Voltorb Flip is a game that you can play in Pokémon in order to win coins, which you can exchange for items and pokémon. It is a bet on of luck, but with a fiddling act of scheme you can reduce the guess and increase the gamble that you will win the game. The more coin collect you do, the better prizes you can get in the game .
How to Play
You are given an empty grid of 25 squares. The grid hides Voltorbs and number cards. To the good and below the grid are boxes that show you how many Voltorbs there are hidden in that row or column, ampere well as the sum that the number cards add up to in that row or column .
Flipping a total card gives you coins. If you have 0 coins, then flipping a count tease gives you that many coins. thereafter, flipping a count card will multiply your coin sum by that number .
Your goal is to find all of the cards in the grid that say 2 or 3. Since the cards only multiply your stream coin full, finding a 1 never has any impression on the number of coins that you have. The 1 cards barely allow you to stay in the game.
Advertisement · Continue Reading Below If you flip a voltorb, you lose all of the coins that you accumulated in the current game ( although you keep all the coins that you won in previous games. ) additionally, if you flipped fewer number cards than the level count of your current game, you drop down to that number level. In other words, if you are on flush 5, for exemplar, and you only flip two count cards before flipping a voltorb, you drop polish to level 2 .
Step 0: Flip all the cards where there are no voltorbs
sometimes you get a grid where a row or column has 0 voltorbs. You should flip all of the cards in that row or column, because you know that they are condom. This will besides help ensure that even if you do flip a voltorb, you might have flipped adequate cards not to drop down to a lower level .
Step 1: Mark the 1s
To get a good scheme for winning Voltorb Flip, one of the crucial things to keep in beware is the fact that you only need to find the two and threes. You never need to find any of the ones. What this means is, if you can tell from the current department of state of the grid that a square, row, or column, can lone have either voltorbs or ones, but not any cards with higher numbers, you can choose Open Memo and mark those squares with a voltorb and a 1. then you can safely leave those squares alone.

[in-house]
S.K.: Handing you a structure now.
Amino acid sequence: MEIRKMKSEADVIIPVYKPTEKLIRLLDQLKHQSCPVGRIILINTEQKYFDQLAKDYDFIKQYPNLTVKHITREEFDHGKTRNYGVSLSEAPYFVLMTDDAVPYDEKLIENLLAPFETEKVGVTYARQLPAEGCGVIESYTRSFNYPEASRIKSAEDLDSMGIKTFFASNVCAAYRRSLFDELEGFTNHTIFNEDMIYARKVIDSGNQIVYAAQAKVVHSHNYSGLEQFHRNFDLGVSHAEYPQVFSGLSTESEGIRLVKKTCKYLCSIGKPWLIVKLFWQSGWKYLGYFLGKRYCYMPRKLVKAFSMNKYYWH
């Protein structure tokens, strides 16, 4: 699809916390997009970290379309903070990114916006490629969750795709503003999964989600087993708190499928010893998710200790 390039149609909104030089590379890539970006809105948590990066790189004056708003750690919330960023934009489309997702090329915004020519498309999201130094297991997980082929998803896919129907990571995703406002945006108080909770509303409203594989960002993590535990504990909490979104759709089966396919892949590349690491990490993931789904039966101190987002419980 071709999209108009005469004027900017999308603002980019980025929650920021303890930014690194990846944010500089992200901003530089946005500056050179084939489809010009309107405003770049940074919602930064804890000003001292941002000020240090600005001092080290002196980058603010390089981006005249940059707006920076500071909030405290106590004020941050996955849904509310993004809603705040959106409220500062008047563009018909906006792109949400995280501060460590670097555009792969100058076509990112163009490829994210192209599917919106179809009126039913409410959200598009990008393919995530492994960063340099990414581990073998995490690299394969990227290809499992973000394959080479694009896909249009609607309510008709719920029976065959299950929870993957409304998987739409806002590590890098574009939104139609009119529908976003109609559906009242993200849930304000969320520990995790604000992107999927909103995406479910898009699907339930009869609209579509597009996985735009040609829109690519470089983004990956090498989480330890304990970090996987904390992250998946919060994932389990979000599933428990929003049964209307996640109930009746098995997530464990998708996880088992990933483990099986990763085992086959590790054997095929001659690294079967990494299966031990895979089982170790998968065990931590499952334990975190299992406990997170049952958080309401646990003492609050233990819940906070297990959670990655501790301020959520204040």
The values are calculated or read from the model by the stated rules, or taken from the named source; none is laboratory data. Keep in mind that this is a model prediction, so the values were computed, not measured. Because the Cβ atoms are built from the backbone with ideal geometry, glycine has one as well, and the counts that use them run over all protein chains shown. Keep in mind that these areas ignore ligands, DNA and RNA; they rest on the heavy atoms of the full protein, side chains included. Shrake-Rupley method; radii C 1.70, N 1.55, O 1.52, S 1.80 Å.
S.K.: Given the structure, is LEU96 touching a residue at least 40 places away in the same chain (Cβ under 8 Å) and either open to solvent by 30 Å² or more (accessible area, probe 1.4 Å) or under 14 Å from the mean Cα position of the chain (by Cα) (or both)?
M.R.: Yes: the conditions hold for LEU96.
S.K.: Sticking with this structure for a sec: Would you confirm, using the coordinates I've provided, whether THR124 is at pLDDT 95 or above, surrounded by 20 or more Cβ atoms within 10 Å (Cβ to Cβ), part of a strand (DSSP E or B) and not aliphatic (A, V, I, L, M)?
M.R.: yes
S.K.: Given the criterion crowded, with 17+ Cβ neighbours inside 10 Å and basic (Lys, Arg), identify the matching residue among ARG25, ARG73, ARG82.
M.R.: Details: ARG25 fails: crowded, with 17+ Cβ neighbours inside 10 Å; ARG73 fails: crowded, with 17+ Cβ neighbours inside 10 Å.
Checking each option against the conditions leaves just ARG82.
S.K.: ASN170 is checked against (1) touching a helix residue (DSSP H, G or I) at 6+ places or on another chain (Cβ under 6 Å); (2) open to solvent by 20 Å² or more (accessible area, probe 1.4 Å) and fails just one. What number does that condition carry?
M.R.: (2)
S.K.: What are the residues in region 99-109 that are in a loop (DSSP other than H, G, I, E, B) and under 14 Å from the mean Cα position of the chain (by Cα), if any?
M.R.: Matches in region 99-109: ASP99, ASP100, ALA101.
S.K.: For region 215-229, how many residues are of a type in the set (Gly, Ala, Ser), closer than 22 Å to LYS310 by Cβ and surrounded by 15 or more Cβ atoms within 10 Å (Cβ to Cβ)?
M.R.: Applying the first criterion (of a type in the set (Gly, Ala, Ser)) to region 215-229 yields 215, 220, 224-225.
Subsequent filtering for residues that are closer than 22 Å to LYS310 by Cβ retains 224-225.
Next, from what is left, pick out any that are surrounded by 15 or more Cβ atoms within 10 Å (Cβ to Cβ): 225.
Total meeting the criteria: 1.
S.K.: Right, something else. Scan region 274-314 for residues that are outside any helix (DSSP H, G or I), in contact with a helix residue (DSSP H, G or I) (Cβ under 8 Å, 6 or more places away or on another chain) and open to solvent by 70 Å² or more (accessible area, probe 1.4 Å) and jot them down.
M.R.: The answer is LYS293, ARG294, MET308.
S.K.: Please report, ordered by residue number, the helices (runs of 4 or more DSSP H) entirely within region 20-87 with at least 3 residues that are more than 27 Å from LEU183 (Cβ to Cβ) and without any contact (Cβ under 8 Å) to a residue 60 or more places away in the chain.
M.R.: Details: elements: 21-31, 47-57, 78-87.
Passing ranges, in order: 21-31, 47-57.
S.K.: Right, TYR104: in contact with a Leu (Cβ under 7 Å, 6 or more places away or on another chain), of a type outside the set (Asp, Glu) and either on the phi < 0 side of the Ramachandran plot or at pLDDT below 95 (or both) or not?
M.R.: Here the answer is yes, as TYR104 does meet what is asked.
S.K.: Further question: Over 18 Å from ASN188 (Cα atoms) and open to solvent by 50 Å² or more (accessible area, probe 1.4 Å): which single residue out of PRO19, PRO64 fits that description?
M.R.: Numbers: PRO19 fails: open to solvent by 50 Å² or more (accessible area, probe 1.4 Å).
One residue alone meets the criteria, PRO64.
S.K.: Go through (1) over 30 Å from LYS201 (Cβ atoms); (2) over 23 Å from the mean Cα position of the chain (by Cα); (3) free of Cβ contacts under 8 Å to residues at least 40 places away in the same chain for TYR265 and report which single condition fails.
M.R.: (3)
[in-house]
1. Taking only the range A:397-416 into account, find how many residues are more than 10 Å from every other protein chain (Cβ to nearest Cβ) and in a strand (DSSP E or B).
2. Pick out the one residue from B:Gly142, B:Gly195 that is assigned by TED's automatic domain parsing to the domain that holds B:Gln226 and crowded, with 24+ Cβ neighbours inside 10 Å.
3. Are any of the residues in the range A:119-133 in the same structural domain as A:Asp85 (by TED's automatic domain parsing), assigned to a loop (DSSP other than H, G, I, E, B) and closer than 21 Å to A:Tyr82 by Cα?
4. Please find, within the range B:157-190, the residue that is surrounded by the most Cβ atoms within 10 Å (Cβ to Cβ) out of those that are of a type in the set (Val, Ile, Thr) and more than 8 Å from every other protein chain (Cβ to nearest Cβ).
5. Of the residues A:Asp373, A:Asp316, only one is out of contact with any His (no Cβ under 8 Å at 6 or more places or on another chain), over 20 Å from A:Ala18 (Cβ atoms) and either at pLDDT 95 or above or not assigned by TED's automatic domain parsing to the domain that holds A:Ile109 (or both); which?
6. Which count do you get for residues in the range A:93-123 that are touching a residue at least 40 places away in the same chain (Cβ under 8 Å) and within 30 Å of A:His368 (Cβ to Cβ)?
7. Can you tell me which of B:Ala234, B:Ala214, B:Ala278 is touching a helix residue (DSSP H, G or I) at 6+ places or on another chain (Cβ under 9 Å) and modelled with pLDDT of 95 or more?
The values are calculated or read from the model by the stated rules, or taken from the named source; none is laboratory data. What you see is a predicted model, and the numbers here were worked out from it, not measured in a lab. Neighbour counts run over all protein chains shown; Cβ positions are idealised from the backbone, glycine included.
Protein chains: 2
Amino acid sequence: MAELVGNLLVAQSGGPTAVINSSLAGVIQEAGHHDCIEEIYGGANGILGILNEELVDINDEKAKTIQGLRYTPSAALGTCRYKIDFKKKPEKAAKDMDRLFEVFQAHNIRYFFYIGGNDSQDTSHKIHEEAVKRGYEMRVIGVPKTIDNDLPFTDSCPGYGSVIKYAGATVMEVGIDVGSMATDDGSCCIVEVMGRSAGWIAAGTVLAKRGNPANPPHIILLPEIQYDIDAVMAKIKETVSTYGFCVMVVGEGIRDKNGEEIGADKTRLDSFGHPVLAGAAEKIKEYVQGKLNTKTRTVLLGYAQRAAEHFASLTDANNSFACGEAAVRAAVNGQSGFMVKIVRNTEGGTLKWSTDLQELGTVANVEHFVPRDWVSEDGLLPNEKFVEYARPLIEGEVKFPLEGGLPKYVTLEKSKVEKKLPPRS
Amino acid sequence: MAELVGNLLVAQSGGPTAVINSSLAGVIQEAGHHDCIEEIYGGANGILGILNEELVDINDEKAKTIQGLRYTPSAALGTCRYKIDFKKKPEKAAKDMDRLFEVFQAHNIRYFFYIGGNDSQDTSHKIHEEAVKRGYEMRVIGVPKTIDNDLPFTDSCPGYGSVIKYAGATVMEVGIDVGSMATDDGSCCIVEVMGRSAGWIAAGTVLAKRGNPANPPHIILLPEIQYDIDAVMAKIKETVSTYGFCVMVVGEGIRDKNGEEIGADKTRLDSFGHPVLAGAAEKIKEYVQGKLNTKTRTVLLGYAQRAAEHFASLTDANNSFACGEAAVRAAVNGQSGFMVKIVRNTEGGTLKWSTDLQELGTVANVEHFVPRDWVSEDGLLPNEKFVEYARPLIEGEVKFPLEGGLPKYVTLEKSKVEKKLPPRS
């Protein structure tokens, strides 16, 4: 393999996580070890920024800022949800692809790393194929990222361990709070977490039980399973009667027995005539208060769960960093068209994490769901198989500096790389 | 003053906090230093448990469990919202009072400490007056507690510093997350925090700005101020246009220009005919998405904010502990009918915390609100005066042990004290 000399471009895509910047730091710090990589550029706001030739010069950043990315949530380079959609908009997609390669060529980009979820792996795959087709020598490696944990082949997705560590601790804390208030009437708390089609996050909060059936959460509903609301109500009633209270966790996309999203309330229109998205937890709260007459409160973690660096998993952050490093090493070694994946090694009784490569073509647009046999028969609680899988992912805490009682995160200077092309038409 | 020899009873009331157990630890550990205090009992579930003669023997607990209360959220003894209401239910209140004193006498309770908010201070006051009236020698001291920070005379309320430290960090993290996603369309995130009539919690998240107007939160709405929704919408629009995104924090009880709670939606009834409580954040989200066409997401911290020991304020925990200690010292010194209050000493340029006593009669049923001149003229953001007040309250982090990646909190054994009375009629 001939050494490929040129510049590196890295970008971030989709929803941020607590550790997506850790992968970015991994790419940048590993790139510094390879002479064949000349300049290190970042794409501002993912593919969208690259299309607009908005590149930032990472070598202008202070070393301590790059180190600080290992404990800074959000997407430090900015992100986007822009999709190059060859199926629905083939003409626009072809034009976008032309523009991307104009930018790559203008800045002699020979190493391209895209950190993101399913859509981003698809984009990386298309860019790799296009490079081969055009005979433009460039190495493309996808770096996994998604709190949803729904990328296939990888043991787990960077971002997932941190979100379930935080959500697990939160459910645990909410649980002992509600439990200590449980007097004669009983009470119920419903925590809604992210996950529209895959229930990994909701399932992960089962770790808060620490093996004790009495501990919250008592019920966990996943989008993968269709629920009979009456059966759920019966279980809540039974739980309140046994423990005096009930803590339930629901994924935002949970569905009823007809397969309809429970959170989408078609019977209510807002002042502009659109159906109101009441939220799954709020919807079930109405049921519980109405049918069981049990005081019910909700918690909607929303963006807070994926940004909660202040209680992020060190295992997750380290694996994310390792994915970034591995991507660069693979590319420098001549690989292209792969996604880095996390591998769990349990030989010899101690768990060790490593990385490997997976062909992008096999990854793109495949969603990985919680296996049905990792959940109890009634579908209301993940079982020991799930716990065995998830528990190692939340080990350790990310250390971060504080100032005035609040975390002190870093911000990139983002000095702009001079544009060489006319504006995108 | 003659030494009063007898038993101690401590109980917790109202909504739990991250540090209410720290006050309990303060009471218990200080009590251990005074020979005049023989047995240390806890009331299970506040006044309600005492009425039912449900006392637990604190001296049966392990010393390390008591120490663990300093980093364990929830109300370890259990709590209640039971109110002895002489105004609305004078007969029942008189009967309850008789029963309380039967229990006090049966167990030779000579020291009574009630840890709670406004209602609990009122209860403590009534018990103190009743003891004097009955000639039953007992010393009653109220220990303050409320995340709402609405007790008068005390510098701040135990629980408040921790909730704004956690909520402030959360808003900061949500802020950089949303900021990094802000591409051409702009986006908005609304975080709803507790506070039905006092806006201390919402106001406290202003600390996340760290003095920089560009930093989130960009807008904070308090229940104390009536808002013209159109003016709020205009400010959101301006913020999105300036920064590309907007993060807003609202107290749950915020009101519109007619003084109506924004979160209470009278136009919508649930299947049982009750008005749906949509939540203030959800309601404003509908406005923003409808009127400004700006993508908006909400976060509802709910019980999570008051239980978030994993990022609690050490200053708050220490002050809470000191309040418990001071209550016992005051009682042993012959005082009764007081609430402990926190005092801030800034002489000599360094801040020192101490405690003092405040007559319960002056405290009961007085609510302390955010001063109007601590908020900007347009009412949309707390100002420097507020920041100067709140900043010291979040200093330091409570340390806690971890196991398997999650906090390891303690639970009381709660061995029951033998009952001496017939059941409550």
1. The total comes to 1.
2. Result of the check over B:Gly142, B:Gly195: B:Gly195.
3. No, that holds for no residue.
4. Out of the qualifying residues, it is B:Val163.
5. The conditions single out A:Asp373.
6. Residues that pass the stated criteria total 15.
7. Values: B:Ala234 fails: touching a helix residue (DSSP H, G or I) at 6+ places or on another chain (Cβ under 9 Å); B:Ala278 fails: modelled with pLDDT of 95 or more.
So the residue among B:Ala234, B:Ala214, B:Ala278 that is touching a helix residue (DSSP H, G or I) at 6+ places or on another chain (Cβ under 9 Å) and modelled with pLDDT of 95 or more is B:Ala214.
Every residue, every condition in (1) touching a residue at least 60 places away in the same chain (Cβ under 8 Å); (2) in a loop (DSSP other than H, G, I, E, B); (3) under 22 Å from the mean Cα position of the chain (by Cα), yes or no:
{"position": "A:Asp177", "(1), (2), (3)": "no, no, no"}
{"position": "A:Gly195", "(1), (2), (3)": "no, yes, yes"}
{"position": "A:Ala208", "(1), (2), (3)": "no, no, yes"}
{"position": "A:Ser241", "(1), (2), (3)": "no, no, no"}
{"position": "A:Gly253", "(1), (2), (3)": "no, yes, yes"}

look for rows and columns whose voltorb + count entire is equal to five. This means that the entire course or column can be marked with a voltorb and a 1, because there ca n’t be any higher numbers in there. For example, if there are four voltorbs in a row, and the number sum for that course is 1, you can mark that entire quarrel with voltorbs and 1s, because there ca n’t be any two or threes there. similarly, if a column has two voltorbs, and the issue total is three, you besides know that there ca n’t be any two or threes in that column, and can mark the column with voltorbs and 1s .
Step 2: Use logic to narrow things down
once you have flipped all the cards in 0 voltorb rows or column, and once you have marked all of the rows and columns that are decidedly going to either be a 1 or a voltorb, the game gets bad, but you might be able to use logic to safely flip or mark more squares. The squares that you have n’t marked yet are the ones that MIGHT have a 2 or a 3. But there ‘s besides a chance that there is a 1 or a voltorb in those unmarked squares .
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To use logic to narrow things down, here is what you do :
- Make note of what the number total is for the row or column that you are looking at.
- Figure out in your head what combinations of numbers would be needed in order to add up to that
- If you realize that the unmarked squares would all have to be either a two or a three in order to
add up to the total, you can safely flip them all.
- If the unmarked squares could possibly be a one, then use the Memo feature to mark those squares with all of the possible
numbers that could be hidden there.
- After marking the rows and columns, go back and look over them again. If you marked a square with voltorb, two, and three,
for example, you might realize, looking at the way that you marked other squares, that a three in that square would make the total
too high, so you can remove that from the notes on that square.
Step 3: Decide whether to take a chance or play it safe
If you have marked all of the 1s and you have flipped over any cards that you can safely flip using logic, then the game becomes entirely based on fortune. If you wish, you can try to flip over a tease at random and hope that it is n’t a voltorb. If you do this, try to flip over a calling card in a rowing or column that has a moo number of voltorbs in it, along with a high number sum for that quarrel. But it might be better to good quit the bet on and take the coins that you earned so far. This is what I would recommend if you have already flipped over adequate cards to not drop down any levels, or if you will merely drop down one tied. This way, you will still earn some coins, and you can try this level again subsequently .
It might even be a good theme to flip over any 1s that you are reasonably sure about, because this will increase your flick batting order count, giving you a better chance of staying at the current degree if you flip a voltorb late. It even reduces doubt in the grid, and might even be enough to help you figure out the localization of more two and threes .